At the upcoming World Championships in Seefeld, the women will compete for medals on the normal hill, while men compete on the normal and large hill. There is also a team competition for both women and men, in which four athletes from each nation compete in four different groups and the points of the individual jumpers are added together. The same applies to the mixed competition, with the difference that the teams consist of two female and two male athletes.

Jumping competitions at the World Championships:
Ladies, Normal Hill
Ladies Team Competition, Normal Hill
Men’s, Normal Hill
Men’s, Large Hill
Men’s Team Competition, Large Hill
Mixed Competition, Normal Hill

Daniela Iraschko is proud of the special features of ski jumping

Cross-Country Skiing

Cross-country skiing is, if you like, nothing more than running on snow with skis and poles. It is practised on specially prepared tracks, so-called cross-country ski trails, which can have a combination of flat passages, ascents and descents. The aim is to cover the given distance as quickly as possible.

There are different techniques in cross-country skiing. For a long time, only the so-called classic style was allowed, in which the skis are parallel and in fixed tracks. In 1985, at the last Nordic World Ski Championships in Seefeld, the skating style was firmly established as an alternative method.  With this variant, you are not in a fixed trail and push yourself laterally with your skis. It is not only faster, but also more demanding.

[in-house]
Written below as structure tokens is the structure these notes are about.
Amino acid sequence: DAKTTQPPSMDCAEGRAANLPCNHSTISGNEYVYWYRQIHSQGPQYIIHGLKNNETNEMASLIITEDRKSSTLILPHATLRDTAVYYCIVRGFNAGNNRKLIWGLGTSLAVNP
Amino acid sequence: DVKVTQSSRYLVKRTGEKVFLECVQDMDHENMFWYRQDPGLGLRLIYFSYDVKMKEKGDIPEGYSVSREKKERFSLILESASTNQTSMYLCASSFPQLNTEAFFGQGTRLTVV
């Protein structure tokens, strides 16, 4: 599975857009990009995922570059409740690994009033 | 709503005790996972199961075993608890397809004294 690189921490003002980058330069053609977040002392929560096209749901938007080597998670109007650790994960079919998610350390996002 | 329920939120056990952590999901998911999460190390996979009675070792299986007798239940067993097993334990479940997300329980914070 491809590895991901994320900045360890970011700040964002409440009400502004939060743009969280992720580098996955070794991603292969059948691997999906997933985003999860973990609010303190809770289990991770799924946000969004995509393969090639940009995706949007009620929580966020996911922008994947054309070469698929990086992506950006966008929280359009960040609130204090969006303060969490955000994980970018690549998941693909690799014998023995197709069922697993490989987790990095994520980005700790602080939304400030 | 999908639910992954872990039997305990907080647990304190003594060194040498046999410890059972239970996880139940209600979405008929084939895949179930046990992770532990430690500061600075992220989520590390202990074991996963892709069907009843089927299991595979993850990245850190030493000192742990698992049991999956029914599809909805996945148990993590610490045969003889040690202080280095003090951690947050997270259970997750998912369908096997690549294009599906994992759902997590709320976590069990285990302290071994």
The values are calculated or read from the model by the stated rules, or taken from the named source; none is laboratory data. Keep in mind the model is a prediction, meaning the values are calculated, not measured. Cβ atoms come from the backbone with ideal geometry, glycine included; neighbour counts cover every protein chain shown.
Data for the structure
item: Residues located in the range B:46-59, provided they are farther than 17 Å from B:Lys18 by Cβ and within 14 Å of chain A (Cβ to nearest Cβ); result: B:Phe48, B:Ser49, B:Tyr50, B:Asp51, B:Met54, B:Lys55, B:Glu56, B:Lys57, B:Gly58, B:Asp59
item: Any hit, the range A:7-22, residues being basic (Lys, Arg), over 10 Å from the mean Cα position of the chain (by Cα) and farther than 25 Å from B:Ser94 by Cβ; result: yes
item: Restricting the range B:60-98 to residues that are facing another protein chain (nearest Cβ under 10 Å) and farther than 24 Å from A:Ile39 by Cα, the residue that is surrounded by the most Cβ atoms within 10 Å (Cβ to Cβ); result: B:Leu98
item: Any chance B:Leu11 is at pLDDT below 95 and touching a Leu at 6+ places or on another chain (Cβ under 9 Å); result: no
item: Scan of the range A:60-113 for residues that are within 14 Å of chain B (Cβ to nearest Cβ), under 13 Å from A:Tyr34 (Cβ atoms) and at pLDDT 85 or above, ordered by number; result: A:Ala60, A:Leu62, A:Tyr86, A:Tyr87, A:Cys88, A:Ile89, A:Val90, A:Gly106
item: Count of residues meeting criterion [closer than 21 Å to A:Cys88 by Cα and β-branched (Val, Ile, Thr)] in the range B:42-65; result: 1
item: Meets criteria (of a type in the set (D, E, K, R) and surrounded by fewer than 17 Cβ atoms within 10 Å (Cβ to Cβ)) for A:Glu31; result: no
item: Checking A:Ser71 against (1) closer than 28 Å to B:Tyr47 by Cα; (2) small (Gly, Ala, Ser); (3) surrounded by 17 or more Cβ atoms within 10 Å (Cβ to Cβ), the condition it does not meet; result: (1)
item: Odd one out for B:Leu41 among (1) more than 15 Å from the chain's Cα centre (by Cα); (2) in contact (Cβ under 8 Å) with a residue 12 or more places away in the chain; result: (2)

Most competitions are normally held as interval start races, i.e. the athletes do not go on the trail at the same time but one after the other, whereby the time required to complete the course is the decisive factor. However, there are also races with mass starts, in which all athletes start at the same time and in which the first runner who crosses the finish line is the winner.

© Stefan Voitl

Competitions and characteristics

Apart from style and starting mode, cross-country events are mainly distinguished by the length of the course, which is usually between ten and 50 kilometres.

An exception to this is the sprint, which only runs over a maximum distance of 1.6 kilometres and is also, to a certain extent, a special case. With this format, there is only one qualifying round, in which the athletes complete on the cross-country ski trail one after the other. The 30 fastest athletes reach the final rounds, where six skiers compete directly against each other in one heat. The two fastest runners and two best losers from each round advance to the next round, until the top six eventually compete in the final.

The skiathlon is also a special feature of cross-country skiing, because in this race one section is completed in classic style, the other in skating style - with athletes changing their skis half way through the race. 

In Seefeld, skating and classic competitions, sprints and skiathlons are held over different distances, although the distances for women are somewhat shorter than those for men. There will also be a relay race and a team sprint for both men and women.

In the relay race, which has a mass start, each team has four starters who complete one round each and then hand them over to the next colleague until all team members have completed the course. The team whose last starter crosses the finish line first wins.